Wednesday, April 27, 2016

Joanna, Mort, Baci, and Aboriginal Art



Several times, over the years, we have found that a mistake made while traveling often delivers unexpected experiences that become highlights of your trip. That was certainly the case with our meeting of Joanna, Mort, and their charming cat, Baci.

I had neglected to reserve a room in Sydney on our return from Perth. When I realized that, I immediately began searching for accommodation on AirBnb.  We found a room at Joanna’s and Mort’s house in an attractive residential area with many trees among the Victorian- and Edwardian-style houses and bungalows.

Joanna is a writer in the field of health and wellness, so we swapped stories about the joys and trials of writing for a living. Baci, who must surely have some Burmese in his background, delighted us as well with his friendly demeanor and antics, including crawling into his own kitchen cupboard where he hides out from the world. We had needed a “kitty fix” and he certainly filled the bill. He is gray-blue with golden eyes and bit round, and sadly, my photo of him did not turn out! (And yes, "baci" means kisses in Italian.)

Here, however, is our photo of Kevin with Joanna and Mort, who is also a writer, as well as a musician, and expert in indigenous cultures and art.

Mort is holding his children's book Stumpy, The Talking Tree. Note the artwork behind them
It was almost as if the universe had sent us to their door. We had visited several museums in both Sydney and Perth to view aboriginal art. The Seattle Art Museum had hosted a marvelous show on Australian aboriginal art a few years ago, and we felt certain we would encounter more high quality artworks in Australia, but it seemed that everywhere we went, we kept missing special exhibitions. We did see some excellent work, but we hungered for more.  Meeting Joanna and Mort was truly serendipitous, for they had some of the finest aboriginal art we had seen—even a large canvas by renowned artist Betty West.

 Mort is a personal friend of Betty West and has spent a lot of time teaching music and circus performance (for example, the high wire) to aboriginal youths. He has a deep appreciation of the native Australian cultures.  As he says, “Can you imagine that the Europeans called the aboriginal people ‘uncivilized’? Yet they lived here sustainably for more than 50,000 years!”

In 1958, several Tiwi artists were commissioned by the Art Gallery of New South Wales to create these 17 Tutuni or Pukumani grave posts.The artists used traditional carving designs, but a different wood than the one that they use for ceremonial purposes. These striking posts were considered ground-breaking, establishing Australian aboriginal cultural creations as an important, and now recognized, part of the art world.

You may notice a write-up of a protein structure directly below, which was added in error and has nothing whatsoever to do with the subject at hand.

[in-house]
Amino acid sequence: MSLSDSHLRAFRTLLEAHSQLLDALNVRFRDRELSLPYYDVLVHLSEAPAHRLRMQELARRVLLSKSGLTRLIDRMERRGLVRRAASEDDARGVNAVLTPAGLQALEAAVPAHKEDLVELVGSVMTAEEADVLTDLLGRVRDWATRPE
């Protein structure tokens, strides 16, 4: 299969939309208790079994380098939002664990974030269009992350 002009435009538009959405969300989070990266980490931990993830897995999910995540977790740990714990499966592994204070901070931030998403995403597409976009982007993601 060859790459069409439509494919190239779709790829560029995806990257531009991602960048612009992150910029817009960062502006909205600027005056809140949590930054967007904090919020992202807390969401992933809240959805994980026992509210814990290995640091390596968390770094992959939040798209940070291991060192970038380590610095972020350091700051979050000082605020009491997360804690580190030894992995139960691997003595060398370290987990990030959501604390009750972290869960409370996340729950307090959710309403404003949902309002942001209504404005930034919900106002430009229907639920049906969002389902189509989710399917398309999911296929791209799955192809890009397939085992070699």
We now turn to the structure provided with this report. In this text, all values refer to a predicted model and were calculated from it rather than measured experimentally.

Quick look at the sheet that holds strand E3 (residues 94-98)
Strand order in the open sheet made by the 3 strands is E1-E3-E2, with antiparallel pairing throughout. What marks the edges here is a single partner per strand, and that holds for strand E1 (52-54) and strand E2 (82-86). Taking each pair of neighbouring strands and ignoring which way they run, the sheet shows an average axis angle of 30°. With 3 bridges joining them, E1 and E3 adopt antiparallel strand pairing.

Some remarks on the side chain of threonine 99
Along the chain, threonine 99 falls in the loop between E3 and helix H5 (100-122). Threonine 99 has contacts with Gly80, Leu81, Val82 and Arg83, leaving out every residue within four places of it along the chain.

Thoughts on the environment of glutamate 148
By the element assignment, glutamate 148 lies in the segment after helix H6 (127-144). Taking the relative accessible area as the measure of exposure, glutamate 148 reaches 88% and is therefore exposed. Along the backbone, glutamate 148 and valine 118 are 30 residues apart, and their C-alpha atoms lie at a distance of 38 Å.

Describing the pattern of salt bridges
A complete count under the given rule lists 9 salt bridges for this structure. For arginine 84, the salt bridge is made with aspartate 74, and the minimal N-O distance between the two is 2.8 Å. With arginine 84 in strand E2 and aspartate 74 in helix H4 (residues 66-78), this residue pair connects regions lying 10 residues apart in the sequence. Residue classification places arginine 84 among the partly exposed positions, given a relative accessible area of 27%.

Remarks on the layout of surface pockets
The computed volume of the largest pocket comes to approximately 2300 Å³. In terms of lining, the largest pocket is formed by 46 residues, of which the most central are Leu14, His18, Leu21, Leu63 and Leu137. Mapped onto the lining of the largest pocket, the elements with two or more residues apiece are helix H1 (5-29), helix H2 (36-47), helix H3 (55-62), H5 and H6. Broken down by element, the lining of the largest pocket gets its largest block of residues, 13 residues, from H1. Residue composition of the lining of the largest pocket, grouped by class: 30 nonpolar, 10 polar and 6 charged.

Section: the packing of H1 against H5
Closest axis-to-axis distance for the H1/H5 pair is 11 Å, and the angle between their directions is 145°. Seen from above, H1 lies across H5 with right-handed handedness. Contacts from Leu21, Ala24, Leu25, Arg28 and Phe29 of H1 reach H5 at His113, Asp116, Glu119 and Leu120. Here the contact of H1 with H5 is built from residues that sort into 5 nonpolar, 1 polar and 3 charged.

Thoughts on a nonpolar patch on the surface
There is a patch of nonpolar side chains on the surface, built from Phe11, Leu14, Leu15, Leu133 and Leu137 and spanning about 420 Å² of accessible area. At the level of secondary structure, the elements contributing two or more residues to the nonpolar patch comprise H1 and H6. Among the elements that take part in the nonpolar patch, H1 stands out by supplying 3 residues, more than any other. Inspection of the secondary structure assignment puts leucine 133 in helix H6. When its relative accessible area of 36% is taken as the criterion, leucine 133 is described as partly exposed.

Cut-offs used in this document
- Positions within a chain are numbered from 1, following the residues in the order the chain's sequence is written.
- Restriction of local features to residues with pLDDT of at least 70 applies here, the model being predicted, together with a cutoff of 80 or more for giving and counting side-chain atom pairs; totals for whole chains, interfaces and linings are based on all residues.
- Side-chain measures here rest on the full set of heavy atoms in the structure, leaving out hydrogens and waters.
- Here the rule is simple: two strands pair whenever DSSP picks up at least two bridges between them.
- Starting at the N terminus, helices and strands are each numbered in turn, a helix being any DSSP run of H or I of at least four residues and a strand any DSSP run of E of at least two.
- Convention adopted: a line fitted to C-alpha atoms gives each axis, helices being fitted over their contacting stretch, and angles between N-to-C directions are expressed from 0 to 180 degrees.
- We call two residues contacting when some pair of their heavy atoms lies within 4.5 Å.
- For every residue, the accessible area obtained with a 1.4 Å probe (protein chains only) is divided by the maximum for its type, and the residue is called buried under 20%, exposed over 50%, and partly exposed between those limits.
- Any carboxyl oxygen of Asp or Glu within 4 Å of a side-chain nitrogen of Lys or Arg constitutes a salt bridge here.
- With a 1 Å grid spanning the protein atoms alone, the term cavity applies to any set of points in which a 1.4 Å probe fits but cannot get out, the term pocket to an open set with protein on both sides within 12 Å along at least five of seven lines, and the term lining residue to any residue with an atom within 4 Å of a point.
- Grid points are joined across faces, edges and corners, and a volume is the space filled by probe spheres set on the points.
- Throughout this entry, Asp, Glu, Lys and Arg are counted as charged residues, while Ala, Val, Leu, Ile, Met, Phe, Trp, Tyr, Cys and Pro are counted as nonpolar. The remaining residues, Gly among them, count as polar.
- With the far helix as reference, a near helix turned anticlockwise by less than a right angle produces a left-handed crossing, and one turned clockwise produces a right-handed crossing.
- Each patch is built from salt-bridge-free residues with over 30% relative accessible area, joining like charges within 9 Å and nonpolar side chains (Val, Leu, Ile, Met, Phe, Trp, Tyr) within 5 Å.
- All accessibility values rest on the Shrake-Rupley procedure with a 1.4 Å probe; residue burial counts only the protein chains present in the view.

I don’t pretend to understand the rich symbols and spirit in the culture of aboriginal Australians. Artists draw on the rich symbology of The Dreaming or Dreamtime, which can't really be expressed in English. Dreamtime is eternal; it exists before the individual and after, it is “time out of time.” I may not fully understand it, but I find when I closely observe a work of aboriginal art and am open to it, I can sense the spirit infused in the work. Yet, as Mort recounts, when the artists are creating their work, the canvases just sit amid the dust and distractions of everyday life; dogs and children may walk right over them. It makes me realize that, as in most ancient cultures, there is no separation between the spiritual and the everyday; it is integral to all of life.

Currently, Mort is tracing the ancestral stories from many cultures, in Australia and around the world, that are concerned with the star cluster the Pleiades, or the Seven Sisters. I find it fascinating that so many different peoples have similar mythologies about those stars, as though there is some primordial shared knowledge that we, in the modern world, have forgotten.

How tragic that in colonizing other places, the Europeans destroyed so many of the native inhabitants throughout the world, including the Americas and Down Under--nowhere more so than in Australia, where 99% of the aboriginal peoples were eradicated.  If we look at modern European-influenced cultures from the dawn of the Industrial Age forward, I think it highly unlikely that they will leave a sustainable world for 50,000 years, particularly when we seem to be hanging by a thread. What have we lost?

This thought-provoking installation by Fiona Hall. Called "Slash and Burn, includes sculptures of heads and body parts tied to videos of war films. It is part of an exhibit at the Art Gallery of New South Wales. The exhibit, called "When Silence Falls" showcases works by artists worldwide who, through their work, speak for those who have been victims of massacres, ethnic cleansing, or political events.
Note: I  can also highly recommend the book, European Passengers, an historical novel by Matthew Kneale, which won the Whitbread Book Award in 2000. A heartbreaking story, it tells of the early Europeans in Tasmania and their treatment of the Tasmanian aboriginal people.

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